Lay your bets; report tomorrow.
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Postby werbin on Mon Jul 06, 2009 5:58 pm

I tasted some Coffee Collective espresso recently at an espresso tasting at the Intelligentsia tasting lab in New York City. The beans had been hand carried back from Scandinavia. It was by far the best of the espresso blends I tasted that day. Maybe the best ever.

Does anyone know how to order Coffee Collective beans?
I have looked at their web site, http://www.coffeecollective.dk/coffees.htm but don't see any way to order the beans. Does anyone import them into the United States?

I like the taste of crema. But, the fact that the very excellent Coffee Collective is suggesting that skimming crema improves the taste of espresso is very intriguing.
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Postby JmanEspresso on Mon Jul 06, 2009 7:05 pm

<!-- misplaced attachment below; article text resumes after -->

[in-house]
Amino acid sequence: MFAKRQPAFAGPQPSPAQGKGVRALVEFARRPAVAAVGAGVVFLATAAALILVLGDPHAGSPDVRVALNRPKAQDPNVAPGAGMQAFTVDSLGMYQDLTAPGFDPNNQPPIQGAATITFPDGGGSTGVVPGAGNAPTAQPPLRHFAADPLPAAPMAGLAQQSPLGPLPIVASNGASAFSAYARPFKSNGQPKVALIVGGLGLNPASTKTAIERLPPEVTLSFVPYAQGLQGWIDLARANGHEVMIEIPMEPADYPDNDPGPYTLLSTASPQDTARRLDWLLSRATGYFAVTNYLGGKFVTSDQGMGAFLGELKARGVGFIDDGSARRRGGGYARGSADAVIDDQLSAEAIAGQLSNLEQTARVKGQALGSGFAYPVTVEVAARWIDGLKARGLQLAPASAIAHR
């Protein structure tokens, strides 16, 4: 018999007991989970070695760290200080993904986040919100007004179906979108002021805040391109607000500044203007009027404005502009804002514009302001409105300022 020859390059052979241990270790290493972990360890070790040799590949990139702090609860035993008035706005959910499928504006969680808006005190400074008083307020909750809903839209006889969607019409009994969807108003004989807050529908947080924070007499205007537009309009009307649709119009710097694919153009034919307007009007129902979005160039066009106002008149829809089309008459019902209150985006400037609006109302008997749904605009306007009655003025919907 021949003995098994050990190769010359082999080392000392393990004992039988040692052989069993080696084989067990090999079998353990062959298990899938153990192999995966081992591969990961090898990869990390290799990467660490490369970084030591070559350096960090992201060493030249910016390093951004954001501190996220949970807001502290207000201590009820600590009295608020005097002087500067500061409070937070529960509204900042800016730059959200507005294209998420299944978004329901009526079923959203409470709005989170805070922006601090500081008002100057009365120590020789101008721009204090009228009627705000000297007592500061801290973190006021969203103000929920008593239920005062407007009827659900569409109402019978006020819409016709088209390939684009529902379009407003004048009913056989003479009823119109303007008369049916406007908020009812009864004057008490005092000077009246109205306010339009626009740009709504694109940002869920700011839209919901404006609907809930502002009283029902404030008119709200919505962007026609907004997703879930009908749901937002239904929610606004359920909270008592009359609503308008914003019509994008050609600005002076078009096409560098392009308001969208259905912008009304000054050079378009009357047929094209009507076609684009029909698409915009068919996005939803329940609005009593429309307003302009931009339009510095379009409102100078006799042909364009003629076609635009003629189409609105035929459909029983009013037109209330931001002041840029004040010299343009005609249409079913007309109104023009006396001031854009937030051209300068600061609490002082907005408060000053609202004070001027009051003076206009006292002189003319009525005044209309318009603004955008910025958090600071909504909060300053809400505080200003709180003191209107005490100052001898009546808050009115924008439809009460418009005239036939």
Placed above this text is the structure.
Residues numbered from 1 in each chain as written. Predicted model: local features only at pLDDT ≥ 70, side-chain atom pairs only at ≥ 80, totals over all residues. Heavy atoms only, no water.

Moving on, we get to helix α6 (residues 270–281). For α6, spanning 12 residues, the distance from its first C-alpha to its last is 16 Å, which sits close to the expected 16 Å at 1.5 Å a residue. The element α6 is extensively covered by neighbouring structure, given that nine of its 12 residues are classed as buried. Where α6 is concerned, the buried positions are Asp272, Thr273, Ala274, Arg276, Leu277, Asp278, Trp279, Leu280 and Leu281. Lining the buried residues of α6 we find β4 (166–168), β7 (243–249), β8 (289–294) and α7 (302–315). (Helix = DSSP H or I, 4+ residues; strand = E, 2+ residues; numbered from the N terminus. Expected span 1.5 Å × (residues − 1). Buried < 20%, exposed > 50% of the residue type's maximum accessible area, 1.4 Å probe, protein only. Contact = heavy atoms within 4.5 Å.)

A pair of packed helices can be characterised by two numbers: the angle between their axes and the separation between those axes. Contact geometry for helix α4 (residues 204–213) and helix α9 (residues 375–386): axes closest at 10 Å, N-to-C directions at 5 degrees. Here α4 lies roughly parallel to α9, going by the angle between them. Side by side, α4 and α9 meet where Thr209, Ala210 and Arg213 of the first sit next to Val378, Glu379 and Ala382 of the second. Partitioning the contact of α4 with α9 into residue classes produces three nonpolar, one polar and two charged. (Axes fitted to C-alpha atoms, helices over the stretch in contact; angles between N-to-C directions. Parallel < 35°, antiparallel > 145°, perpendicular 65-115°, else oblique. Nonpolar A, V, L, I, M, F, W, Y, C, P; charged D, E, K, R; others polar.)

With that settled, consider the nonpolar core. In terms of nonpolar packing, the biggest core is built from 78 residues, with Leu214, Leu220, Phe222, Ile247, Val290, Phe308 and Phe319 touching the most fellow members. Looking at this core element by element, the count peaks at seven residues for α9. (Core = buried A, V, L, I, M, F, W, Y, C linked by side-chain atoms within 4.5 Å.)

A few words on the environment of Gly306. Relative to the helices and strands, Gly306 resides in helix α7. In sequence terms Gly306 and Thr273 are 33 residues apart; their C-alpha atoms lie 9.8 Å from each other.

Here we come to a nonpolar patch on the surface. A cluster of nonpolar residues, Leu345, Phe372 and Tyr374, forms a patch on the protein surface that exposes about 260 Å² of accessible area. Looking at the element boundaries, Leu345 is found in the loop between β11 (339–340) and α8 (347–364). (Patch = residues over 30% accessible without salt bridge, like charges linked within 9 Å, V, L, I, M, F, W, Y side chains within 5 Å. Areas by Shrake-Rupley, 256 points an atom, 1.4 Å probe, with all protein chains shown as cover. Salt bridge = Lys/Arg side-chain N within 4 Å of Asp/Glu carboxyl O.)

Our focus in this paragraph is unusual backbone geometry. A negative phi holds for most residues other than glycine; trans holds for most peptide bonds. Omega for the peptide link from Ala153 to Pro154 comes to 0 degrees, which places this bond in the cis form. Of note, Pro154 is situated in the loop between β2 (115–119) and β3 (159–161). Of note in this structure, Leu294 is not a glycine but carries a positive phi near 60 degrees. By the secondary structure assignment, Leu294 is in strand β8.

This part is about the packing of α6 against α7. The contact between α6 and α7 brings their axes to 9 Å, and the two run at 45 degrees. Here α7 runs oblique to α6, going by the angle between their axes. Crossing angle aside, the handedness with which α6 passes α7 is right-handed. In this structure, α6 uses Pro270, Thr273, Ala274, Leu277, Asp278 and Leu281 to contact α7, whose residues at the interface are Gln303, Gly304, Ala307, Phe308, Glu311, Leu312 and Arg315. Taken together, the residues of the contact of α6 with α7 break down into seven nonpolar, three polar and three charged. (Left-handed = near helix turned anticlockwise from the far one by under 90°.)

Its tough to say one way or the other on this, because I dont want to say, "yeah, I agree" and look like im running the catch the bandwagon, but I also dont want to disagree just to disagree.

But I will say this...

Ive never been a fan of shots that have a copious amount of crema... those pretty pictures of shots that are 100% crema.. not really want Im after. I do agree with James about being more interested in balance then a "journey" of the cup, however. Over time, I have adjusted my brew pressure to the point where the crema to coffee ratio is where I like it.. Crema about 20-25% of the cup.

And Crema, mottling, flecks.. Doesnt mean you pulled a good shot at all. Some of my best shots Ive ever pulled had waning crema, not even able to cover the whole top of the cup. Granted these were washed centrals and africans, but hey.. Its the espresso Im after, not the crema.